She looked up at the part of the earth that had broken off of its lively core, the turning piece of broken self that was a depressing reminder of past disasters every night. “I don’t agree with you,” she said suddenly, “I don’t think the moon is a hunk of dead earth. I think it’s beautiful.”

He smiled at her disagreement, enjoying that there was some perspective, like the other side of the moon, he’d never seen before, and took a loaf of bread out of the basket along with some sliced meats, cheeses, and as many condiments as one could think of. “How so?” he asked.

“It’s a different kind of light, a dim light.” She put her thumb to her mouth and shook her head, chuckling. “I don’t know, it’s just - I’m a bigger fan of the faint glimmer rather than the obvious sunshine.” She smiled and lowered her shoulders. “So I agree. Night is the best time to have a picnic.” Their eyes adjusted to the dim light and they each made their favorite kind of sandwich. Before she bit into her creation he stopped her.

“Wait,” he said, “I have an idea.” She lowered the sandwich slightly and frowned.

“What?” she asked “Is there something on my face?”

“No, babe,” he said, slightly grinning almost to the point of laughter, “your face is perfect.”

“Nothing’s perfect,” she said, looking up at the moon, “even the moon has its flaws,” and he stared up along with her, paying close attention to the craters – the scars of unhealed impact.

“Well,” he said, placing his hand along hers and covering a bit of her shoulder with the blanket, “you’re kind of a big deal.” He looked down and shrugged, taking a deep breath, “It may sound like a silly idea, but I think we should switch sandwiches.”

“What?” she laughed, staring down at what he’d made and how she’d never dare to create such a concoction.

“We should eat one another’s sandwiches,” he said, “so that we can get to know each other’s… well… sandwiches.” He laughed nervously and she laughed along with him, switching their paper plates instantly so that the opposite sandwich was before them.

She took a bite and her eyes widened, “Oh my…” she took a few more chews and began to laugh, covering her mouth, “It’s… It’s amazing.”

He laughed a laugh that made a flock of birds fly from a far off birch tree and she laughed along with him. “Now let me try,” he said, and he took a hearty bite, his insides warming as he chewed and looked into her eyes. “Mine is amazing too,” he uttered, and then he looked up at the stars that began to twinkle brighter as the sky turned a dark purple. He frowned slightly and she felt the aura of sadness coming off him, and they looked at each other with concern. “It’s just that,” he said, looking down at his sandwich, “This sandwich is going to end. Everything’s going to end. Do you ever think about death?”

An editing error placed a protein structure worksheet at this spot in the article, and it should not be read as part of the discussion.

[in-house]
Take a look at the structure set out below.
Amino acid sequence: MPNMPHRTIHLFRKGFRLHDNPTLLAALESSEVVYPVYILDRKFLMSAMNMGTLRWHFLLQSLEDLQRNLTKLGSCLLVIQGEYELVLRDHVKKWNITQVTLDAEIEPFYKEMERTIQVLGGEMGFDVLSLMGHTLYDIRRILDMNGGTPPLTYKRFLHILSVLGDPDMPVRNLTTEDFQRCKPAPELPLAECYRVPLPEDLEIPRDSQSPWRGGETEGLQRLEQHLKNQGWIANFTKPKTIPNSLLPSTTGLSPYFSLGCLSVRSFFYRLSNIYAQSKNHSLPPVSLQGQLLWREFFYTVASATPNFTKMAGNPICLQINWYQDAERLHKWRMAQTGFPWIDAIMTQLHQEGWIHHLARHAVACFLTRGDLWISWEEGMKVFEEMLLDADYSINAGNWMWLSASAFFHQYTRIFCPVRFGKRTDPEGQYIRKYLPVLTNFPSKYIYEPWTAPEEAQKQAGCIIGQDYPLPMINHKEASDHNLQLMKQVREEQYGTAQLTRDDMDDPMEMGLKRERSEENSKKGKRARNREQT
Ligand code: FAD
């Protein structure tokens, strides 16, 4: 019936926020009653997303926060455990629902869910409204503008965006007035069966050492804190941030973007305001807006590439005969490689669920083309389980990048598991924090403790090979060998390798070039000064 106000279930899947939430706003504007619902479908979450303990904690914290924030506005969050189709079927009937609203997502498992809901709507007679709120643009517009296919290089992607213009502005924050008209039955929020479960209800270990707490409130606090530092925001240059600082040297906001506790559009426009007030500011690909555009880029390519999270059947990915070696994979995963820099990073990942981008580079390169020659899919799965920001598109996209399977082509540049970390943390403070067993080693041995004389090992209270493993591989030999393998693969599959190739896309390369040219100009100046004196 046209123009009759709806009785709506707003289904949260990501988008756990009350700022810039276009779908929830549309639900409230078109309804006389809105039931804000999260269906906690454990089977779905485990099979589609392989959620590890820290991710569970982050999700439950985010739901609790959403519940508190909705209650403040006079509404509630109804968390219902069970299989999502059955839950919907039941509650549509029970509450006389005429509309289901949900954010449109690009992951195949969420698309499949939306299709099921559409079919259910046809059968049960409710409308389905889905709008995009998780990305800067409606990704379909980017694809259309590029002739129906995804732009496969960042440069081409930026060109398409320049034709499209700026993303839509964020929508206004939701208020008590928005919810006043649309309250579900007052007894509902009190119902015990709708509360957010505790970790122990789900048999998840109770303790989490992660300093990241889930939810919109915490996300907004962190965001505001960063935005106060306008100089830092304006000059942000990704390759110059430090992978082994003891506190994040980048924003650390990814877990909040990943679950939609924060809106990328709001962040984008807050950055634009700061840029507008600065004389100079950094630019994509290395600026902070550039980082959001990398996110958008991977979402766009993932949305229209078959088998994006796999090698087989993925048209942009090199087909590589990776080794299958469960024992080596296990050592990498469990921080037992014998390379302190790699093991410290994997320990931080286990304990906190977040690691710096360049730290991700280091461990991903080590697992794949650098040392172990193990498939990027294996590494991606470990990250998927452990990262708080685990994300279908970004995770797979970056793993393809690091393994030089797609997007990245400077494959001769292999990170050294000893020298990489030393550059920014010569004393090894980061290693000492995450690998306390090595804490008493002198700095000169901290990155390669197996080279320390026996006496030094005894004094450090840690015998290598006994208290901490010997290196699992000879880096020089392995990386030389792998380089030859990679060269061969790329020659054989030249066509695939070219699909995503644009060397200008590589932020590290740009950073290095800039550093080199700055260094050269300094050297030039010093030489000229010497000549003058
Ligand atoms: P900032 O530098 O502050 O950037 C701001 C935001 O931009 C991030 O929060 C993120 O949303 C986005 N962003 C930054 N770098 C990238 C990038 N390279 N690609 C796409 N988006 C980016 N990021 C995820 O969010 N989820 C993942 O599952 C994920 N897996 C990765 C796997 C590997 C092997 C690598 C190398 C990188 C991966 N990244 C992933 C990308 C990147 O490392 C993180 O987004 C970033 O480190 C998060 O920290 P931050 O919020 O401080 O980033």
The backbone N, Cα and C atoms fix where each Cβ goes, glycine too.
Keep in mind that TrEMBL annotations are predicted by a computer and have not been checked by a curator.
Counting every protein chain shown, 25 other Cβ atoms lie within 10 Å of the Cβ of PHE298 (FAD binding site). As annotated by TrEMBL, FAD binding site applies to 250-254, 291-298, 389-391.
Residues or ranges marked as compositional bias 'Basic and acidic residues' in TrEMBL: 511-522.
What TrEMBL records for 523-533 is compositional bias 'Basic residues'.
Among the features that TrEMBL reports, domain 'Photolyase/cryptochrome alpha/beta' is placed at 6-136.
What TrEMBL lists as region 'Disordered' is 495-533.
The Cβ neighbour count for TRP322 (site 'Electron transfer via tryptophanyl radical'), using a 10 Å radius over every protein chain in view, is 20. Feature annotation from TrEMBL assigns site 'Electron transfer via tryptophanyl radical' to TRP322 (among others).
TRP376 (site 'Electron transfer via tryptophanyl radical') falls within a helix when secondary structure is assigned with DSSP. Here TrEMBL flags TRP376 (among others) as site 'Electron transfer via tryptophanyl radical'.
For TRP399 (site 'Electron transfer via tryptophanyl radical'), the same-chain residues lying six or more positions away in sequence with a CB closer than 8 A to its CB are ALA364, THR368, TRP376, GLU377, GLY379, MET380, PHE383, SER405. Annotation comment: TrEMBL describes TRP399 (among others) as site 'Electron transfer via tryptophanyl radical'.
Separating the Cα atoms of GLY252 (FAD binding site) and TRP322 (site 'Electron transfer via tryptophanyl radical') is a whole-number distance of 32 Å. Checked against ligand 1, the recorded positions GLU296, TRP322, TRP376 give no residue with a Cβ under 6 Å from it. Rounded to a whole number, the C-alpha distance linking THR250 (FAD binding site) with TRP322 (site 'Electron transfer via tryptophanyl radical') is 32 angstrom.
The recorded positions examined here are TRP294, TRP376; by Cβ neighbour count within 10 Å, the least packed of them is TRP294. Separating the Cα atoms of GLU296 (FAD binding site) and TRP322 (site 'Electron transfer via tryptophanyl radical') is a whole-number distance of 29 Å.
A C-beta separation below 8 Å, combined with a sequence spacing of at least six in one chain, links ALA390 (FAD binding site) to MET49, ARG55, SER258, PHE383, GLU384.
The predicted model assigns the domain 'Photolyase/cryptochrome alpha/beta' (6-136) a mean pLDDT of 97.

“Doesn’t everyone?” she asked, her eyes looking up at the stars just as he was.

He then smiled as he looked down from the stars and into her eyes, which were just as bright and inspiring – stars that burned in her face, that turned the dark night into bright day. “But at least we’re here now,” he said, and he took another bite of her favorite sandwich.

“I wouldn’t want to be anywhere else,” she said, and she sighed as she looked up at the sky once more. “It makes me sad sometimes that the stars will be around much longer than us.”

“Even stars die,” he said, and she shook her head suddenly in disagreement.

“I think the energy is constantly moving,” she said, “Once one star dies, another is born.” She tilted her head slightly and smiled in a way that made his heart sing the lullaby of the ice cream truck. “In a way,” she said, looking far, not in any certain direction, “this moment, this time, right now… It will always be here. No one can take this moment away from us.”

“You’re right,” he said, “This moment is ours.” He looked down humbly and cleared his throat. “I have a confession to make,” he said, straightening out the cloth of the checkered pattern. Her face grew serious as if she were about to hear something she’d heard so many times before – some flaw, some artifice that had yet to reveal itself. “I decided we should have a picnic at night not just so we could have peace, but so that I could have a little peace as well.” He looked nervously to his left and said quietly, “I have a bit of social anxiety.”